Then, as if the tendency to letter writing
.had become epidemical, George. Francis
Train wrote one. Characteristic of the man,
it produced intense amusement wherever
read. Jlis advice to the conventidn at the
close of his letter:le the most admirable sug
gestion yet submitted to that body. Train's
NEBRASKA DELEGATION, Convection Morning,
Parlor No. 0, Angviet 14,1888 —To the Executive Com.
mittee: My proxy le In your bands. I wanted harnlenY.
We have it. Some time eines I proposed to withdraw
keepor two others would. despatcht their promise; /
mine. The following to the President
expresses my views, and I congratulate you all on the
DESPiTCH TO inn PRESITOMT.
To the President of the United States, Washington. D.
C.: Your convention is already a gigantic suttees;' all
harmonious, everybody shaking hands: National Union'
party a great fact, conservative Congrees eeenred.
GEORGE FRANCIS' TRAIN,
"The Union mast and shall be preserved," said Mr.
• .• • •
"The Union mud and shall be restored," said Mr.
One million oflrish votes. representinz six millions
of the Irish race in America linetead of asking the con
vention to pass a resolution friendly to Irish nation
respectfalls offer the following platform for Its
THE ISISH.AISERRICT P1431E01151.
"We pledge our lives our fortunes, and our sacred
honor to maintain the Union, the Constitution, and the
Tuesday — Orgntilto.
Friday, and everyday till fall elections, all the dele
gates should make speeches for the National Union
Party, therebyburying forever the two offensive words
—Democrat and Republican.
Sincerely, • GEORGE FRANCIS TRAIN.
The convention, as we saw, commenced
to fill rapidly, until at 12.30 the entire amphi
theatre was crowded. In the music stand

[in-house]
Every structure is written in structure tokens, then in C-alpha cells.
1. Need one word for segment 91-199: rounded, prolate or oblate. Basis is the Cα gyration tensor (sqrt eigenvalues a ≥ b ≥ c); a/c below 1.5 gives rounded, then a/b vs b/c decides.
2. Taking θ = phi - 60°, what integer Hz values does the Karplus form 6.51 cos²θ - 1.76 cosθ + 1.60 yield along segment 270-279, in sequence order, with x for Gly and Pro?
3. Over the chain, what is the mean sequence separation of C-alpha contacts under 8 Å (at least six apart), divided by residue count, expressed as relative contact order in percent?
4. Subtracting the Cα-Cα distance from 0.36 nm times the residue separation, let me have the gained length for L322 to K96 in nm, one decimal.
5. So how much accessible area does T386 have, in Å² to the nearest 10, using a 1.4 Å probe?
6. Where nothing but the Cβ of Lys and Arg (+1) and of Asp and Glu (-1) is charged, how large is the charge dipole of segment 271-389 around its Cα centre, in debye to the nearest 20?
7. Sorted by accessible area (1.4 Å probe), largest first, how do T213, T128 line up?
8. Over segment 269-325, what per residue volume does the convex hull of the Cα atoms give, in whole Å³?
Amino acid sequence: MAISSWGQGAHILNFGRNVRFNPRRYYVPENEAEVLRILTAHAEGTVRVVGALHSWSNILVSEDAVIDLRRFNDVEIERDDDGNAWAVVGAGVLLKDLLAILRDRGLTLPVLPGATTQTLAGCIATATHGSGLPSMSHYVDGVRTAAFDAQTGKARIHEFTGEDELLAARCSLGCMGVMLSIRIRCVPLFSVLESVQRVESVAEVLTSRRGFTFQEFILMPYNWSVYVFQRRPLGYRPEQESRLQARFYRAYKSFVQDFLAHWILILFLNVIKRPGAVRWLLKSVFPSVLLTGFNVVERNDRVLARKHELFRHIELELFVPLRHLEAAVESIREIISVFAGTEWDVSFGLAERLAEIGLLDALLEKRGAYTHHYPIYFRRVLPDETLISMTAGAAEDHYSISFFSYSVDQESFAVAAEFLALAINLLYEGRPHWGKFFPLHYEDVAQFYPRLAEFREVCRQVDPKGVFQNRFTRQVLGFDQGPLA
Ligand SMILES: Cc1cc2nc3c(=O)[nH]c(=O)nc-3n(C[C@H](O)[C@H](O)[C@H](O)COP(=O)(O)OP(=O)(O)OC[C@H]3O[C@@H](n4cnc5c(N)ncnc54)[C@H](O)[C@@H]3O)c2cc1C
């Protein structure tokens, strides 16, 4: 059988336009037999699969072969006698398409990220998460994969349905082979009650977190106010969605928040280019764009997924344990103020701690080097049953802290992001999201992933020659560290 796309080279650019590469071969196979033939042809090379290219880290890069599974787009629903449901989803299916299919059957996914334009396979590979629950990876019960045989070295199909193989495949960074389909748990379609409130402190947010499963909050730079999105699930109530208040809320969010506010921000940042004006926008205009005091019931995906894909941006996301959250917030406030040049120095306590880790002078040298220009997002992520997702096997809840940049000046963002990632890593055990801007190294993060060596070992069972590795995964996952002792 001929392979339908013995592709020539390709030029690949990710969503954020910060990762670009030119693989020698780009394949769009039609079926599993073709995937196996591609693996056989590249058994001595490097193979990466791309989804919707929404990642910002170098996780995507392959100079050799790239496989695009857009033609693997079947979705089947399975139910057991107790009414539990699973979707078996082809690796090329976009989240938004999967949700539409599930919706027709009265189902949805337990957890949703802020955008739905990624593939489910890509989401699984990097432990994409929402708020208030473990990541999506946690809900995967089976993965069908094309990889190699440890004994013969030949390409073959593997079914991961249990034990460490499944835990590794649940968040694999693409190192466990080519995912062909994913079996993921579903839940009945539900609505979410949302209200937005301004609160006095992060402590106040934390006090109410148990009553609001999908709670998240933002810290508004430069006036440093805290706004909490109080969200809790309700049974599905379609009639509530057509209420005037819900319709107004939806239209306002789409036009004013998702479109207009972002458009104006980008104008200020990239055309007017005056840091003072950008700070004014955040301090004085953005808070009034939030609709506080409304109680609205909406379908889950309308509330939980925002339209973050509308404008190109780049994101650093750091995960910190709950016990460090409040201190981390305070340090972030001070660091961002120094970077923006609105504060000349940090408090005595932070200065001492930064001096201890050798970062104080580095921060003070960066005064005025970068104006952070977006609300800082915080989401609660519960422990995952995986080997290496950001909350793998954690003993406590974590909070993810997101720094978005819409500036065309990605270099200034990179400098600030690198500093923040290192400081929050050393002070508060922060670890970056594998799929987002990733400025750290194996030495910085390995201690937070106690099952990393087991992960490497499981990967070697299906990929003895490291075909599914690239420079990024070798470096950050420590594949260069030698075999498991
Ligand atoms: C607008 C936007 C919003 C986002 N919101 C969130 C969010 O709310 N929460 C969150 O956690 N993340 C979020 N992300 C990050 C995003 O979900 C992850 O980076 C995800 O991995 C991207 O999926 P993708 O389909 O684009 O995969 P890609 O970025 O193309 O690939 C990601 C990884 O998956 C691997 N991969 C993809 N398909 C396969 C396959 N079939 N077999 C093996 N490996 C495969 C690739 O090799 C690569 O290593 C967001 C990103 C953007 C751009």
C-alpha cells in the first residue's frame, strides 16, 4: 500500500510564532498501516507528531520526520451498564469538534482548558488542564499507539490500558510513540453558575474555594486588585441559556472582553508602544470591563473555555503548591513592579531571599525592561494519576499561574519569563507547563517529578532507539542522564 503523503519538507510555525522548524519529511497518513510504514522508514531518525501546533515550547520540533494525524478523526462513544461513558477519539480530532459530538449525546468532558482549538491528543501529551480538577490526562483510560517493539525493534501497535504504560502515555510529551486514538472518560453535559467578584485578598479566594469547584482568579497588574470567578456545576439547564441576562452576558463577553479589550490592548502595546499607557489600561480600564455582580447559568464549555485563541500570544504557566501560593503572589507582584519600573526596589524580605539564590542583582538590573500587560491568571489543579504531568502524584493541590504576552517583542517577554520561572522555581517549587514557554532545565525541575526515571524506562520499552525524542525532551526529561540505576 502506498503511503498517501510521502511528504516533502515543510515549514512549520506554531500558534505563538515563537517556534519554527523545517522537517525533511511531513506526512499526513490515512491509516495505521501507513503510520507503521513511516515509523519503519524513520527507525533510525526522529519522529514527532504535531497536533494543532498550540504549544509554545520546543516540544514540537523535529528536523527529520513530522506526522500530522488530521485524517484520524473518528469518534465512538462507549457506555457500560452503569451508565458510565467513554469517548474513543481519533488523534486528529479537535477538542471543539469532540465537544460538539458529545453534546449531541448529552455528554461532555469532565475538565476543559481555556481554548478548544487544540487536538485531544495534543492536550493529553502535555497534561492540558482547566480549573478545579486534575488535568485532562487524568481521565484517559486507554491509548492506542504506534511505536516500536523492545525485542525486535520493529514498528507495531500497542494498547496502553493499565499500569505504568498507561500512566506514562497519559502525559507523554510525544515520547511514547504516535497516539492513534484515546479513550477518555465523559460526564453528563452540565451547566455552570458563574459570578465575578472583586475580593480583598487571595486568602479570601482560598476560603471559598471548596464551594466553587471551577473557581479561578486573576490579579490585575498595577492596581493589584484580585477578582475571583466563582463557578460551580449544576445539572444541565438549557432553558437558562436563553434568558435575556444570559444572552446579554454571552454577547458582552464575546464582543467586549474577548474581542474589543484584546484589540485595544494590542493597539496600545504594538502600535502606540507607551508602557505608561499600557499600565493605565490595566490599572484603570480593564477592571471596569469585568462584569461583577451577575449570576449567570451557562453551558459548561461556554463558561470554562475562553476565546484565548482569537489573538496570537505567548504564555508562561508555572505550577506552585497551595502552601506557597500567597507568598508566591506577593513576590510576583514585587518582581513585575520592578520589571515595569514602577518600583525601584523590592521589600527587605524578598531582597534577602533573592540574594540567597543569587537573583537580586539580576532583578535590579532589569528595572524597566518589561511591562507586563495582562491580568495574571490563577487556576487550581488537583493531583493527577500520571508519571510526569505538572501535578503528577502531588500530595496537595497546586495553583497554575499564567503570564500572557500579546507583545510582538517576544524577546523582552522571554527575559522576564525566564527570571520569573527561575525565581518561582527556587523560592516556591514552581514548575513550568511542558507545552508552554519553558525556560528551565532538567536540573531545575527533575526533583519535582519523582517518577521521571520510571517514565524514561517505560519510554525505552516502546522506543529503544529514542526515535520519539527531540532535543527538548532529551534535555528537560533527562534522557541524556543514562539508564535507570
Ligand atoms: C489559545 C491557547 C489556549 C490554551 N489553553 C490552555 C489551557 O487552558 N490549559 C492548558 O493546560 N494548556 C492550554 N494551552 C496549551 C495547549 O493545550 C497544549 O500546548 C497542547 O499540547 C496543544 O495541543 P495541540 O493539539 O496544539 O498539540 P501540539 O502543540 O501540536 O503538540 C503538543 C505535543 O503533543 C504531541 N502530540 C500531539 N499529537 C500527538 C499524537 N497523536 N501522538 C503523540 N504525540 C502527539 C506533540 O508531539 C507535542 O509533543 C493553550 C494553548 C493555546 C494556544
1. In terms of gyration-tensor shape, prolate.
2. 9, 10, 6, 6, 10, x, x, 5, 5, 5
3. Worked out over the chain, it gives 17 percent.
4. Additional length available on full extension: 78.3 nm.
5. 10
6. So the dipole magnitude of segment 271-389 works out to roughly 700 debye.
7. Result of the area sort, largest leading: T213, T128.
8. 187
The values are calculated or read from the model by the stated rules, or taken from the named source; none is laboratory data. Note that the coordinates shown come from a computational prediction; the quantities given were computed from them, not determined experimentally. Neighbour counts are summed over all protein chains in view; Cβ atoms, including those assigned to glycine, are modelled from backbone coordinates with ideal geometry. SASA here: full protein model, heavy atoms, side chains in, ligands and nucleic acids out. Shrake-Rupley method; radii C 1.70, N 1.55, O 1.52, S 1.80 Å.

over the mein entrance was stationed the
band of the National Union ohnson (flub.
It opened the exercises with a flourish of
trumpets, a roll of drums and blare of bugles.
The echoes rolling through the long galleries
wore answered by a storm of applause that
drowned the notes of the band and
made the very roof-trees shake. At half
past twelve, Postmaster General Randall
rose to 'call the convention to order.
As ho stepped to the front, a commo
tion at the entrance attracted attention
to the vestibule. A wild• cheer that filled
the vast theatre burst from every man
present, when arm-in•arm, along the corri
dor, were seen approaching the veteran wag,
General D. H. Conch, of Massachusetts; and
Governor OJT, of South Carolina. In close
file behind them came the other delegates of
the two States, entering, ride by dile, the ern
Those who saw the entrance of the two
delegations will not soon forget R. The
scone itself was one of profound enthusiasm.
Every tongue in the convention added to the
cheers that rose like the roar of many waters,
and the whole audience stood 'uncovered as
the double lines filed into the centre -of the
building. But thinking men felt a deeper
significance in the union. They saw, for the
first time since the old Whig party'died un
der the shroud of its silvery-voiced leader,
a national organization that would be again
to the land a shield and guide, as the honest
yeomanry of the North and South were in
the days of. Clay. They saw a , knitting of
interests, a burial of faction, and a resurrec
tion in the hearts of men of the principles
of true and national devotion to a land whose
only destiny is to be chief among the powers
of the earth. The Massachusetts and South
Carolina delegations were seated, and the
convention regularly opened.
Hon. John Hogan, of Missouri, then rose
and called for three cheers for thirty-six States.
The response came before he could give the
signal. Three united shouts made the roof
trees ring again. Three more were given for
Andrew Johnson, three for the Union, and
then the three times three were increased to
a dozen by three more for the red, white,